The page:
• Host charity and other civic-minded events, combined with giveaways and specials. Ensure the charity or group promotes the event through their own marketing tools, just as you will through yours.
  • Hand out free car window or bumper stickers bearing your logo when you complete retail sales for gear or ammo.
  • Invite known firearms instructors in the area to host a quarterly training class at your facility, under a profit-sharing arrangement.
  • Work with manufacturers to use co-op funding to help push manufacturer-branded events.
  • Attend gun shows to promote your range and brand. Raffles and range guest passes can provide incentive at these shows. with a raffle and range guest passes.
  • Promote gift card sales as gifts for Father’s Day, Mother’s Day, birthdays and holiday seasons.
  • Recruiting young shooters is an ideal way to reach out to the community to raise awareness of your range and firearms safety. Work with the local Boy Scouts of America troops to help coordinate shooting safety classes, or with local hunter safety instructors to promote hunting safety programs for young shooters and hunters.
  • Provide your local hotel concierges with event flyers and guest special notices (and be sure to treat those concierges to a “day at the range” for their help).
  • Offer guest passes, or even a basic one-year membership, to customers who allow your logo to be prominently advertised on their vehicles.
  • Meet with local security companies and government agencies to negotiate group training contracts.
  • During slower days and seasons, create lists and cold-call on one area of your region per day to promote corporate memberships and events.
  • Attend home shows to promote firearm safe sales and your range’s memberships and events. Wedding and bridal shows are great places to promote your range for bachelor and bachelorette parties.
  • Reach out to your local media, offering to be a firearm expert and the face of shooting sports for firearm-related stories (and treat those media professionals to a day at the range as well).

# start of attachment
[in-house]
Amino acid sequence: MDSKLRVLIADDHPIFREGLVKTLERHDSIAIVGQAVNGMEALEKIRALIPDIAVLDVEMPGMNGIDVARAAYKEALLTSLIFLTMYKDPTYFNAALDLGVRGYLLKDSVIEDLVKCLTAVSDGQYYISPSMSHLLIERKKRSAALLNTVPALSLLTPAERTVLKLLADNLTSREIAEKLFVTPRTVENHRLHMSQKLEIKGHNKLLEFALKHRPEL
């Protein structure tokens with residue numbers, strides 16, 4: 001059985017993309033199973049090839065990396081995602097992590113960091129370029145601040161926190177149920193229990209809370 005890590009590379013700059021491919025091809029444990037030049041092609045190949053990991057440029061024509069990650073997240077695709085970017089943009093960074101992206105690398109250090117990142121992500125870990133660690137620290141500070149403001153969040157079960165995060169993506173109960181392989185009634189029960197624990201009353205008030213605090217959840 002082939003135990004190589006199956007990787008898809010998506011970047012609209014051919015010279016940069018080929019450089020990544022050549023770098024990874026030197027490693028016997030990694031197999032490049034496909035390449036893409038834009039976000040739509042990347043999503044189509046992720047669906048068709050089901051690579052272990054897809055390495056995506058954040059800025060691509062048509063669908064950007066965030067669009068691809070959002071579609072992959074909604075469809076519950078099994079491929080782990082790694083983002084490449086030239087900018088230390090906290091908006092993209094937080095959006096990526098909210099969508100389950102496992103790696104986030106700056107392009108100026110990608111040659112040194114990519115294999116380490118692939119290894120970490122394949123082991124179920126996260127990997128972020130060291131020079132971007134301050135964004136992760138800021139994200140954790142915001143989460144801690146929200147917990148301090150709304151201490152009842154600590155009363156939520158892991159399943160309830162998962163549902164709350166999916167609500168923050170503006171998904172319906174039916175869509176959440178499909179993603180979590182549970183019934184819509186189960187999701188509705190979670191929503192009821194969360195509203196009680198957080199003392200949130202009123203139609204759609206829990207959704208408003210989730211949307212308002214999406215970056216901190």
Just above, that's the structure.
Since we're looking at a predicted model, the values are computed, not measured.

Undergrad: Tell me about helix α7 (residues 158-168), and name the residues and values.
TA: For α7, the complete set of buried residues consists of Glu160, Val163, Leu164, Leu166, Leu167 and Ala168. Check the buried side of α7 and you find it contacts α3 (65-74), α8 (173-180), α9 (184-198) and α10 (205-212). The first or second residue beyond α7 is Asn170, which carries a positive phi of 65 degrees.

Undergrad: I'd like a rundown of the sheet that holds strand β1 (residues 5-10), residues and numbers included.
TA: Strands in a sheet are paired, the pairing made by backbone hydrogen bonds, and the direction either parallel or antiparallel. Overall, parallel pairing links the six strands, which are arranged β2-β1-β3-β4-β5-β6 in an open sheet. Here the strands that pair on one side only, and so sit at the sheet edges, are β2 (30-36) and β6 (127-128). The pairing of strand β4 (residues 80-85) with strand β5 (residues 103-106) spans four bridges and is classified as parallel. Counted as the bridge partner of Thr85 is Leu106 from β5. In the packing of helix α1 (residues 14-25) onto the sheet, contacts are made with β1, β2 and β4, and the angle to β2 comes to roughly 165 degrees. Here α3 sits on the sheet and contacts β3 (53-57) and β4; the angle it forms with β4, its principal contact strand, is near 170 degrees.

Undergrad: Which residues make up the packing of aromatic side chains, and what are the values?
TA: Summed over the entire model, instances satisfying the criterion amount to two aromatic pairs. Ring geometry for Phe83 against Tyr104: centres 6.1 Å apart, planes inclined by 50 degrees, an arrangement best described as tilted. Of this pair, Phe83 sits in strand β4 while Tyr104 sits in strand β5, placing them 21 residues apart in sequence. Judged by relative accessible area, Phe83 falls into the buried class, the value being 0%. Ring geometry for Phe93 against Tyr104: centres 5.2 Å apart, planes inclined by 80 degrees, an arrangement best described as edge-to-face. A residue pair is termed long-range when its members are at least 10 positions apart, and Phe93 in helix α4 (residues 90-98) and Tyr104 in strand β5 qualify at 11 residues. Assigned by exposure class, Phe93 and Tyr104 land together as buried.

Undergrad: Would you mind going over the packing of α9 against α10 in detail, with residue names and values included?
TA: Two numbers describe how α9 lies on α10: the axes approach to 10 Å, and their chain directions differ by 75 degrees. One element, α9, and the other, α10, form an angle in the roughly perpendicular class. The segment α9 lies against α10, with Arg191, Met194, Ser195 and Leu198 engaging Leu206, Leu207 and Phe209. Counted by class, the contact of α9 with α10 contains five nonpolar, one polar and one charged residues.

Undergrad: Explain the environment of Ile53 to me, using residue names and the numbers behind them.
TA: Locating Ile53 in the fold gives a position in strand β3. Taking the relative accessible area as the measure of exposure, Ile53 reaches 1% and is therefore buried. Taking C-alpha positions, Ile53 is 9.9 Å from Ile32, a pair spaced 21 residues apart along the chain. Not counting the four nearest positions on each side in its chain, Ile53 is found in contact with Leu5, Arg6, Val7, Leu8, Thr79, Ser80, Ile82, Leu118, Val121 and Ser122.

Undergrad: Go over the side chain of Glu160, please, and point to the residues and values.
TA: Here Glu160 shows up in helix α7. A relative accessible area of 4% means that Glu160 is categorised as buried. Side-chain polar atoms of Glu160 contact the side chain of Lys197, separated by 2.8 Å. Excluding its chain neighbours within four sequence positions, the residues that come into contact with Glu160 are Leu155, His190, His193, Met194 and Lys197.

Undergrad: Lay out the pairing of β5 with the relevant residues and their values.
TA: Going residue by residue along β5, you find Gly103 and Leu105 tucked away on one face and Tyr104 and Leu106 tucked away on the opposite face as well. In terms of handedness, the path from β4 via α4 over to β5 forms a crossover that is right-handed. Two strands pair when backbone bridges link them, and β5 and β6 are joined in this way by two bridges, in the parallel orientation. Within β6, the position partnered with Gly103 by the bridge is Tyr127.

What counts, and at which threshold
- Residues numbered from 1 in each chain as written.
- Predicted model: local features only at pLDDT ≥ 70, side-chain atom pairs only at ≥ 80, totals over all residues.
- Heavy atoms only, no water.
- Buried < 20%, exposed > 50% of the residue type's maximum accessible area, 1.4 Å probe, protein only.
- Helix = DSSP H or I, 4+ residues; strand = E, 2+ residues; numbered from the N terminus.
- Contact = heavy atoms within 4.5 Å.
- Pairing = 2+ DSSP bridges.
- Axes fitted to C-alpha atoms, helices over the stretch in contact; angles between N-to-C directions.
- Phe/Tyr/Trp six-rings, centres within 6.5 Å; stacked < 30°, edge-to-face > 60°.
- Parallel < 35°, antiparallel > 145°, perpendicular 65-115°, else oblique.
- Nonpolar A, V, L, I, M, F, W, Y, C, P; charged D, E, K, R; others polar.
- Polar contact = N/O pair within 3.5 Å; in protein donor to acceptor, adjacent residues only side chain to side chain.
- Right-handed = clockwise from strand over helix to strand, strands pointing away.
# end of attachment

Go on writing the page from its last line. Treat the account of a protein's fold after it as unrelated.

• Groupon could be considered as an initial marketing tactic. However, you will only want to use this for a limited time, mainly for initial exposure; it is not usually something you want to employ for longer than six months.

These marketing suggestions are just some of tactics you can employ to make your “Next Generation” range brand more recognizable and usher new and experienced buyers alike into your facility. Keep your eyes open for new and unique ways you can connect with potential customers through your community’s resources, and with diligent work, those slow days and seasons will be a thing of the past.

About the Author

Jeff Swanson is co-founder and an owner of a “Next Generation” range in Oklahoma, and the Managing Member of NexGen Range Consulting. An attorney, entrepreneur and business development consultant with more than 22 years of experience, Swanson and his team created NexGen Range Consulting to help new and existing range owners across the country create their own next-generation facilities. He also serves on NSSF’s Range Action Specialists team and can be reached for consulting services by contacting NSSF Member Services at 203-426-1320. For more information on NSSF’s Range Action Specialists and their services, click here.